Welcome to my blog! This is my first post. Let me introduce myself. I’m a wife, mother of two adult children, author, attorney, walker, dog lover, and gardener. I became a Girl Scout at age forty, survived breast cancer at forty-two, walked in a sixty-mile fundraiser at forty-seven, and learned the Thriller dance at fifty-seven. I’ve always been a writer.
My debut novel, tentatively called No Brakes, is now being offered to publishers by my wonderful literary agent, Dawn Dowdle of the Blue Ridge Literary Agency. My stomach is doing flips. I check my e-mails every hour and keep my phone in my pocket. I’ve been told the best way to make it through this anxious time is by writing the next novel. By coincidence, my new perennial garden is ready for planting.
In many ways, starting a new novel is like starting a new garden. When I wrote my first novel, I took the “seat-of-your-pants” writing approach. There was no plan, no thought. I sat and wrote, letting my novel take me wherever it wanted to go. By the time I tapped “The End,” I had a 136,000 word monstrosity. It took me a year to straighten out the mess.
I started an herb garden in the same haphazard way. The first herb was mint, planted straight into the ground, with Mojitos dancing in my head. A rookie mistake. The mint transformed into a wild beast. I sprayed, yanked and cursed. Eventually, I slayed the beast, along with my taste for Mojitos.
These messes taught me a valuable lesson: I’m a planner not a seat-of-your-pantser. Believe it or not, one of the writing courses I took devoted a whole session to figuring out your writing style. My daily to-do list should have given me a clue I’m not a pantser.
Now I’m planning both my new novel and my new garden. Where do I start? Foundation planting? The protagonist’s backstory? This time I won’t plant perennials that spread through the garden like a virus. I’m determined not to introduce a subplot that twines throughout the novel, but goes nowhere. I don’t want to excavate either kind of mistake.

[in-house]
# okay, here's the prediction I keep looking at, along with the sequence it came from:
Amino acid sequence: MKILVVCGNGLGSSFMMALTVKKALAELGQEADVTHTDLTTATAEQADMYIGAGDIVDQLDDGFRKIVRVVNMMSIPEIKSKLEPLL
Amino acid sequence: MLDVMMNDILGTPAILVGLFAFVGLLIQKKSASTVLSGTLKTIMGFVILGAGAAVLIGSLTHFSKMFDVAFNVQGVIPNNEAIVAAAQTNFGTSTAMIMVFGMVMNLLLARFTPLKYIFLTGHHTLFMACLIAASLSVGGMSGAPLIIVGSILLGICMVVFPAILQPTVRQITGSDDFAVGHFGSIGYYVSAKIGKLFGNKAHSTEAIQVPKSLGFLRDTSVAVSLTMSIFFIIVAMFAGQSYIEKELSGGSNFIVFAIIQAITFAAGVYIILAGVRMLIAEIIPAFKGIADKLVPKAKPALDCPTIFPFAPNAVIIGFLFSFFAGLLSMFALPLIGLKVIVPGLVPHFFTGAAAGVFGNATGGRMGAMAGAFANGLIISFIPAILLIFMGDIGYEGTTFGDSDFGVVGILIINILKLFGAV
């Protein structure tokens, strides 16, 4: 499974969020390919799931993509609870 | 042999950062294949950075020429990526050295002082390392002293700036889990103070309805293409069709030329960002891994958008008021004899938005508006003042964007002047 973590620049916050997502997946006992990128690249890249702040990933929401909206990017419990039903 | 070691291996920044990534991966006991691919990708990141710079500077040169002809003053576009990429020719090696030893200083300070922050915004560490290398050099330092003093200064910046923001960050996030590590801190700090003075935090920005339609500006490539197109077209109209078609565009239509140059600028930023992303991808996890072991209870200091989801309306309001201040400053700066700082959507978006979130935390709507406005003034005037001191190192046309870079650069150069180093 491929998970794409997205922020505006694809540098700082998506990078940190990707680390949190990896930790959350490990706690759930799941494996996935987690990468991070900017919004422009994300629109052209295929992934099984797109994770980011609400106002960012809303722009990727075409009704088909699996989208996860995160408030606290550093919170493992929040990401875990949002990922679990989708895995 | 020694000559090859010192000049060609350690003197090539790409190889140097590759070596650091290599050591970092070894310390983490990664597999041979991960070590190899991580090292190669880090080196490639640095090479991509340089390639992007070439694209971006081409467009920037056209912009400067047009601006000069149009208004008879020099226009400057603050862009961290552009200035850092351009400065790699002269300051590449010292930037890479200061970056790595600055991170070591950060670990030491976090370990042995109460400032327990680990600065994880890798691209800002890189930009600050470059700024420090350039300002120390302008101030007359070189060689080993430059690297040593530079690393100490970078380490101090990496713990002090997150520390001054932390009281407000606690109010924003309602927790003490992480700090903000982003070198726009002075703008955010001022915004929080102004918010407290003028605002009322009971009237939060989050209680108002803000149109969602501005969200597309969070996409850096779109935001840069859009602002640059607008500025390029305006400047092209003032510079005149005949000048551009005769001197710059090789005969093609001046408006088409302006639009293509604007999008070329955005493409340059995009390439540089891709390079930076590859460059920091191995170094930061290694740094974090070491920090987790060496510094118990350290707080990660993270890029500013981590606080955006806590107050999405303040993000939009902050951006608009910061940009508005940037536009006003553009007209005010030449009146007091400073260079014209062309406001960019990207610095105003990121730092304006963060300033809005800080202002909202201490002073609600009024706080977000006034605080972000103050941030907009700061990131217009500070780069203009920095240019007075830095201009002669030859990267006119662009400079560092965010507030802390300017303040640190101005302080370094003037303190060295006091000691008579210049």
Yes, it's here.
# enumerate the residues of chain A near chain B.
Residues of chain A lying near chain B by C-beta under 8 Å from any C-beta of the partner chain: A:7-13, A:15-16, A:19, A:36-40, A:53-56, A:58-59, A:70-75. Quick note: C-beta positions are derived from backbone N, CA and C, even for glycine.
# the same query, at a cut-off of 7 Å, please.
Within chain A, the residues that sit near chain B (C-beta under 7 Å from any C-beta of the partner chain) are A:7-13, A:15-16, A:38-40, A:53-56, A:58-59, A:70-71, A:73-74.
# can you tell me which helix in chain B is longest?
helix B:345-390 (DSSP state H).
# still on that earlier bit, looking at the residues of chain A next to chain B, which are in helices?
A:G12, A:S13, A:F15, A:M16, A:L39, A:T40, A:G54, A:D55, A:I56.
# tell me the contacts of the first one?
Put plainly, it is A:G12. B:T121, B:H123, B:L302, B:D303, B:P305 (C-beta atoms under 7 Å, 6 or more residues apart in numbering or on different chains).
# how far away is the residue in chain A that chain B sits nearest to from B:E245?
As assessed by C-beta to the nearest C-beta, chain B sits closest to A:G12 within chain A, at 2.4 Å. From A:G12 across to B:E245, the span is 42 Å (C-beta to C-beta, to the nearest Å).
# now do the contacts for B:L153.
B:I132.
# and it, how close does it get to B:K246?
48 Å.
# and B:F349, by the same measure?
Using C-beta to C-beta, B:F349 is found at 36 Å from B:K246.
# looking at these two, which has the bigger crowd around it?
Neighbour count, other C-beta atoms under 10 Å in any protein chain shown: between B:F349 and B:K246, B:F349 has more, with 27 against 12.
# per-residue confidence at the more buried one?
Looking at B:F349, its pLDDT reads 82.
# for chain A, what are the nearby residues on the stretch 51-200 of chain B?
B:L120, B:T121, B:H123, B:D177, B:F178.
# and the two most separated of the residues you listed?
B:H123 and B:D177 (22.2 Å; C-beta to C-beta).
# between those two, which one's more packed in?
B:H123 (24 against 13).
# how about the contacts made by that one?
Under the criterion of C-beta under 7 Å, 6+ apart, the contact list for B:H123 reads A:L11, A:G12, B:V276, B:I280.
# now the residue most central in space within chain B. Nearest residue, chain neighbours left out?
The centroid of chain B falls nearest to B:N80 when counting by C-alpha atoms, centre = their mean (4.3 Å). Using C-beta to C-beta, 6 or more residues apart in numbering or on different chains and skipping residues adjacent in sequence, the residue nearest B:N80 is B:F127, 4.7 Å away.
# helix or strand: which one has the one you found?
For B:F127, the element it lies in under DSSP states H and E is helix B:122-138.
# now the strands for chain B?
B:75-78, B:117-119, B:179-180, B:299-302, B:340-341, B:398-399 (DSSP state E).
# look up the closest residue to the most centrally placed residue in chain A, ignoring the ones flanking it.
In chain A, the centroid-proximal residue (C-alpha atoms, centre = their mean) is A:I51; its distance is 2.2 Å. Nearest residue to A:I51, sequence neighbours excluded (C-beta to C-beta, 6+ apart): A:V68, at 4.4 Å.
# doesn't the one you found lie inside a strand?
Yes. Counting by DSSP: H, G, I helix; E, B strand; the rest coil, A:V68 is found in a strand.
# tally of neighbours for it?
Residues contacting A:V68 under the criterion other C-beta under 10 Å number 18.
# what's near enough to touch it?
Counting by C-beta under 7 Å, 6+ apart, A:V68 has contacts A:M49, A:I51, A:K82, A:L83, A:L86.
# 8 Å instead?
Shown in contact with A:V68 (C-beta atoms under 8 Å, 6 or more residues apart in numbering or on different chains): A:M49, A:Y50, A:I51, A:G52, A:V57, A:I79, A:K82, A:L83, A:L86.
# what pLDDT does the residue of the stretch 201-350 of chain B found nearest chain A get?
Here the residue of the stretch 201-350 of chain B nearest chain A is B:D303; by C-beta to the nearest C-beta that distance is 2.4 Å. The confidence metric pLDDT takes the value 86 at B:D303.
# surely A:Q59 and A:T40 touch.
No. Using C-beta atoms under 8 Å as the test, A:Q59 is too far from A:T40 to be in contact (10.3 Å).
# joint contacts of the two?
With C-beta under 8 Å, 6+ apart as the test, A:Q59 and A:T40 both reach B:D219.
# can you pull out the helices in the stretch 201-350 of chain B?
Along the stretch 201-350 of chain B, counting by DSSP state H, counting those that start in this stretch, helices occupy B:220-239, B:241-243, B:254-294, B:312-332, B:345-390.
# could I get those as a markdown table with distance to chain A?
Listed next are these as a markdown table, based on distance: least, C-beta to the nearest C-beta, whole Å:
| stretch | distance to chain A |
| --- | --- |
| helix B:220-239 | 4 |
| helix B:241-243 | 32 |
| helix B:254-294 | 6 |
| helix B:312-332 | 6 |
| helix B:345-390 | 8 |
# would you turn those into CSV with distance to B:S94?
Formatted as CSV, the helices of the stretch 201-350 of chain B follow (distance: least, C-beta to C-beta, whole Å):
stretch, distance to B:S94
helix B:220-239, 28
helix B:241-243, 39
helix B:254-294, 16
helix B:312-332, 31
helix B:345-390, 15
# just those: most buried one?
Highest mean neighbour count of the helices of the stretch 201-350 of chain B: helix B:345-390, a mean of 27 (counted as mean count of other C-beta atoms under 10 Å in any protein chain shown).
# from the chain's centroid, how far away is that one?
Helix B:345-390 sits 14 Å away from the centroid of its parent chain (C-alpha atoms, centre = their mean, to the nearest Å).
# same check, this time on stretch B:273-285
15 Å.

Each plant must contribute to the whole design. Each character needs to advance the plot. Otherwise, there’s no choice but to eradicate them later. Getting rid of hard work is a heartbreaker, whether it’s in the form of a plant or a fictional character.
No more selecting an unfamiliar plant just because it’s pretty. This time, I’m researching each plant—sun/shade requirements, hot/cold tolerances, soil and water needs. Otherwise, my once-pretty plant will likely end up dead, dead, dead. I learned this lesson with No Brakes. My protagonist, Lucy, pursued a path of investigation based on an intriguing fact I assumed was true. Oops, I was wrong. A week of Lucy’s life got deleted and she had to start her investigation over. My assumption caused me and Lucy a lot of trouble. This time I’ll research first—no matter how sure I am of an intriguing fact.
I’ll be saving all the identifying tags that come with the new plants. After many years of tending my first perennial garden, I had no idea what some of the plants were. Dawn, my wise agent, requires a list of every character mentioned in a novel, no matter how fleeting the character’s part. The list includes the full names, ages, occupations, and physical descriptions. I constructed my list after my novel was written. Oh my! Characters’ names had inconsistent spellings and physical descriptions varied. Sometimes I gave different characters the same name. It’s hard to keep it all straight as your writing thousands of words over a course of months. This time I’m making my character list as I write.
Here’s the beginning of my next novel:
Thanks for visiting my blog. I hope you’ll visit again. I’d love to hear about your gardening and writing mistakes.